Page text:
Effects of Off-Pump Versus On-Pump Coronary Surgery on Reversible and Irreversible Myocardial Injury
A Randomized Trial Using Cardiovascular Magnetic Resonance Imaging and Biochemical Markers
Background— There is biochemical evidence that off-pump coronary artery bypass grafting (OPCABG) reduces myocardial injury compared with the use of cardiopulmonary bypass (ONCABG), but the functional significance of this is uncertain. We hypothesized that OPCABG surgery would result in reduced postoperative reversible (stunning) and irreversible myocardial injury, as assessed by cardiovascular MRI (CMRI).
Methods and Results— In a single-center randomized trial, 60 patients undergoing multivessel total arterial revascularization were randomly assigned: 30 to OPCABG and 30 to ONCABG. Patients underwent preoperative and early postoperative cine MRI for assessment of global left ventricular function, and contrast-enhanced CMRI for assessment of irreversible myocardial injury. Serial troponin I measurements were obtained perioperatively and correlated with the CMRI findings. The mean preoperative cardiac index was similar in the 2 surgical groups (2.9±0.7 ONCABG; 2.9±0.8 OPCABG; P=0.9). After surgery, the cardiac index was significantly higher in the OPCABG group (2.7±0.6 ONCABG; 3.2±0.8 OPCABG; P=0.04). New irreversible myocardial injury was similar in incidence (36% ONCABG; 44% OPCABG; P=0.8) and magnitude (6.3±3.6 g ONCABG; 6.8±4.0 g OPCABG; P=0.9) across the 2 groups. The median area-under-the-curve (AUC) troponin I values were significantly larger in the ONCABG group (182 versus 135 μg/L; P=0.02). There was a moderate correlation between the troponin I AUC values and mean mass of new myocardial hyperenhancement (r2=0.4; P=0.008).
Conclusions— OPCABG results in significantly better left ventricular function early after surgery but does not reduce the incidence or extent of irreversible myocardial injury.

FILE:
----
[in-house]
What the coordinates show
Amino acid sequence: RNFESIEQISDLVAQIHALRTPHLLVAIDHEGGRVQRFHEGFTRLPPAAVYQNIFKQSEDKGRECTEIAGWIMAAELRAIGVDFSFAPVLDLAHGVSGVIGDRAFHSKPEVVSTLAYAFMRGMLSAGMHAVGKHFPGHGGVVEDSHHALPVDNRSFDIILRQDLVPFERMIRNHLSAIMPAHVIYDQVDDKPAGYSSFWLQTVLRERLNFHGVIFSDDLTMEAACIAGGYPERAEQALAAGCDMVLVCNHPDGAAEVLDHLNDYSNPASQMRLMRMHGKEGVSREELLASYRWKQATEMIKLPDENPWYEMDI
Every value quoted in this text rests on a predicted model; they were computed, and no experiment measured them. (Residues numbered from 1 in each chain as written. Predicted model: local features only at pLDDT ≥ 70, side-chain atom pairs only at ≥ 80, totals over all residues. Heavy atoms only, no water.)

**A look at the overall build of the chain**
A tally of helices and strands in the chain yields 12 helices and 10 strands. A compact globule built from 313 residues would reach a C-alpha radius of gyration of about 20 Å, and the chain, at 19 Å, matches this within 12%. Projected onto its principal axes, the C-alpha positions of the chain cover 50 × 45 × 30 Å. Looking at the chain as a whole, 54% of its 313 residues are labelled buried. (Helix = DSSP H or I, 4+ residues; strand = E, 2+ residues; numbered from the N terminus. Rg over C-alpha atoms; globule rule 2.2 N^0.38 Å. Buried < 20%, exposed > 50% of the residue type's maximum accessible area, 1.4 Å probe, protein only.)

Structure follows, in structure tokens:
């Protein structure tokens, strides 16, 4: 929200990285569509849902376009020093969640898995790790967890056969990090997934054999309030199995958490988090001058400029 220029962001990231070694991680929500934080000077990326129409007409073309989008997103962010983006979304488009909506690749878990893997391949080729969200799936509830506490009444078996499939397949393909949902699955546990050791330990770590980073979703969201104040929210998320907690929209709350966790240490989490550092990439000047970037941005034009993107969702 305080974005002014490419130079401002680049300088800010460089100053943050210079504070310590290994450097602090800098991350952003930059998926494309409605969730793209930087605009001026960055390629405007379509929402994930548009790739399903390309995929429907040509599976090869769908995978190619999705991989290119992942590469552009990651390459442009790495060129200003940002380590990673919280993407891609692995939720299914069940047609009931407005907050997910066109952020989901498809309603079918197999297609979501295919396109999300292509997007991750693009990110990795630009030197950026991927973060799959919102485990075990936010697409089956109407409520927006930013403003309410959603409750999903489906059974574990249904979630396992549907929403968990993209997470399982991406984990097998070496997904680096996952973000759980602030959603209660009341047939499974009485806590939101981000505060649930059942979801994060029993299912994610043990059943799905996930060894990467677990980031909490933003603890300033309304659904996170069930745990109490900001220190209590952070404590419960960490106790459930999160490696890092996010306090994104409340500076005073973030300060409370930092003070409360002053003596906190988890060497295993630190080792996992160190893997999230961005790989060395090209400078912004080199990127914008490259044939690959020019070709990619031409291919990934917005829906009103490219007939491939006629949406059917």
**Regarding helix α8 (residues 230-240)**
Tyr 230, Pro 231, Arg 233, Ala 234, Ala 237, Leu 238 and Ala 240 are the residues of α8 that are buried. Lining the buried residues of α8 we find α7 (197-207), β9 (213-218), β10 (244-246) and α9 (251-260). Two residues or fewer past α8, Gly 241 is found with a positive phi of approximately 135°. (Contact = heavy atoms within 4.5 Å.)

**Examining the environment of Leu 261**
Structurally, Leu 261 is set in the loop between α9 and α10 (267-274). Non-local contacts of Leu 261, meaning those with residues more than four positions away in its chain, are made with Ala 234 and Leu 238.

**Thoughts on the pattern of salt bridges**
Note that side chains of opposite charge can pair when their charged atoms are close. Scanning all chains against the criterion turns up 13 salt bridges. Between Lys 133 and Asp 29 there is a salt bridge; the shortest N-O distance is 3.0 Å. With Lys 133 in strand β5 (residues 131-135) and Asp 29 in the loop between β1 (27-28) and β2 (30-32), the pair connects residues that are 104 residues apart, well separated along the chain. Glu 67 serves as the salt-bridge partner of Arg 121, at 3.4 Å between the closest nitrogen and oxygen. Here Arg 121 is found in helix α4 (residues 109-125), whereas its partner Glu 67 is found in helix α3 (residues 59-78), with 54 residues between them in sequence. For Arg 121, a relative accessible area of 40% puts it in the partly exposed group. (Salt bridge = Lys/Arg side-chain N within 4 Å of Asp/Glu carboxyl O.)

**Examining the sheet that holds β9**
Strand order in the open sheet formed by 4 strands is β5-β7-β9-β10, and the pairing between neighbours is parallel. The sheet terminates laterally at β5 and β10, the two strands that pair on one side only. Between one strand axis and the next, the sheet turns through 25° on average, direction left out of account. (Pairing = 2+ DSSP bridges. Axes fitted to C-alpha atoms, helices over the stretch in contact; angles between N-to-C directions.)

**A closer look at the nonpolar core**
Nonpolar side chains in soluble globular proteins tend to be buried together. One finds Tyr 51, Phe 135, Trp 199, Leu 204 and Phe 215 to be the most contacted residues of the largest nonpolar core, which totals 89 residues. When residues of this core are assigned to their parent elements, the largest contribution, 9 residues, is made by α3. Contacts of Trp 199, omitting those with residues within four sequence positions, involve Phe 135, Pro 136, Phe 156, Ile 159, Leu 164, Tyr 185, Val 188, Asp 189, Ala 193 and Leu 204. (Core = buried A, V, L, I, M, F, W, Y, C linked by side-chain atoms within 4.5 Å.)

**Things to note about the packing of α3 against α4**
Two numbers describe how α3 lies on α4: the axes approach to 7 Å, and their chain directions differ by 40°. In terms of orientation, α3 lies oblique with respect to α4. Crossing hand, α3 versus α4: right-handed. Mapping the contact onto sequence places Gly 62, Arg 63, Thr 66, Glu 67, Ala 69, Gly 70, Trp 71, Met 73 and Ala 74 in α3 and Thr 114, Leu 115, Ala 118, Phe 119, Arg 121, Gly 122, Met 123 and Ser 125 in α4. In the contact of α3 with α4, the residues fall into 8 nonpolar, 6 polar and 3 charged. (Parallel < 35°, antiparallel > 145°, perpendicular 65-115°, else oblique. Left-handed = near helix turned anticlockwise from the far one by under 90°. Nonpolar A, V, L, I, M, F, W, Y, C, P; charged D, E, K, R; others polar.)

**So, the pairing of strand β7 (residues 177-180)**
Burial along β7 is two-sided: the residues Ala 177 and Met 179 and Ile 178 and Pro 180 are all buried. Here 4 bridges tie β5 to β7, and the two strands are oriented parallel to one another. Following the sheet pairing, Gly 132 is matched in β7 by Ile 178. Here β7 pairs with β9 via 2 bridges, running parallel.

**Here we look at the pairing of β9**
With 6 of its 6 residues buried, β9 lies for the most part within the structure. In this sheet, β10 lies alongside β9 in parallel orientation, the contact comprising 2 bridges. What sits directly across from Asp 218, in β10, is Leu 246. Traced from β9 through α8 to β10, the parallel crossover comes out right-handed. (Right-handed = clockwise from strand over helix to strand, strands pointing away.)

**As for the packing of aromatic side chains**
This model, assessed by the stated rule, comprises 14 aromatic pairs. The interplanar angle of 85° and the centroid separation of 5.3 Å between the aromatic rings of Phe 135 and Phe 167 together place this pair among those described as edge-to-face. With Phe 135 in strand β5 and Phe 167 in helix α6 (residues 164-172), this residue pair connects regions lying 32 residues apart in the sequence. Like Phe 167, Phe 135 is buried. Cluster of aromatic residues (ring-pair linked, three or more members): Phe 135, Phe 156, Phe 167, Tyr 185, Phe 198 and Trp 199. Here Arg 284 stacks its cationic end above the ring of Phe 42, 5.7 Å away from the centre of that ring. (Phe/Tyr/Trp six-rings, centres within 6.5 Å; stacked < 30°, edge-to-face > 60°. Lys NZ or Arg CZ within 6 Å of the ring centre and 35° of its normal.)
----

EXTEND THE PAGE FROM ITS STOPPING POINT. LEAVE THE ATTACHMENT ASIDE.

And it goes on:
Received July 28, 2003; revision received October 17, 2003; accepted October 21, 2003.
Coronary artery bypass grafting (CABG) is highly effective in improving life expectancy and quality of life for patients with ischemic heart disease1 and consequently is one of the most commonly performed major operations in the industrialized world. Until recently, CABG was performed almost exclusively with cardiopulmonary bypass (CPB) and cardiac arrest, thereby providing a motionless and bloodless surgical field to allow construction of the anastomoses in optimal conditions. Yet conventional “on-pump” CABG (ONCABG) carries 2 relatively low but well-recognized risks. The use of CPB leads to a systemic inflammatory response syndrome and multiorgan dysfunction,2 whereas obligate periods of ischemia during aortic cross-clamping result in myocardial damage despite advances in protective cardioplegic techniques.3
The availability of improved stabilizing devices has led to a renewed interest in off-pump CABG (OPCABG), and currently it is estimated that 25% of all CABG in the United States is performed this way.4 OPCABG surgery eliminates the need for CPB and allows continuous perfusion of the beating heart with temporary periods of local ischemia while the target vessel is occluded. Although technically more demanding, there is evidence from both observational studies and randomized trials that OPCABG surgery leads to a significant reduction in release of cardiac enzymes compared with the conventional operation.5 Importantly, however, it is unknown whether this reduction in release of myocardial enzymes is associated with reduced perioperative myocardial stunning (reversible) or necrosis (irreversible), because enzyme release may be, at least in part, a result of increased turnover of cytoplasmic pools.6
High-resolution cardiovascular magnetic resonance imaging (CMRI) is a novel, noninvasive, and safe technique that allows serial assessment of myocardial function and viability. Given its 3D nature and order-of-magnitude greater signal-to-noise ratio, cine MRI is highly superior to 2D echocardiography and has become the “gold standard” investigation for measurement of left ventricular (LV) volumes, mass, and function of both normal and abnormal ventricles.7 Contrast-enhanced CMRI allows assessment of the transmural extent of irreversible injury, as well as quantification of even small areas of myocardial necrosis, both as a result of native coronary disease and after percutaneous coronary intervention.8–10 Furthermore, recent reports have confirmed the power of contrast-enhanced CMRI in predicting recovery of regional wall function after revascularization.11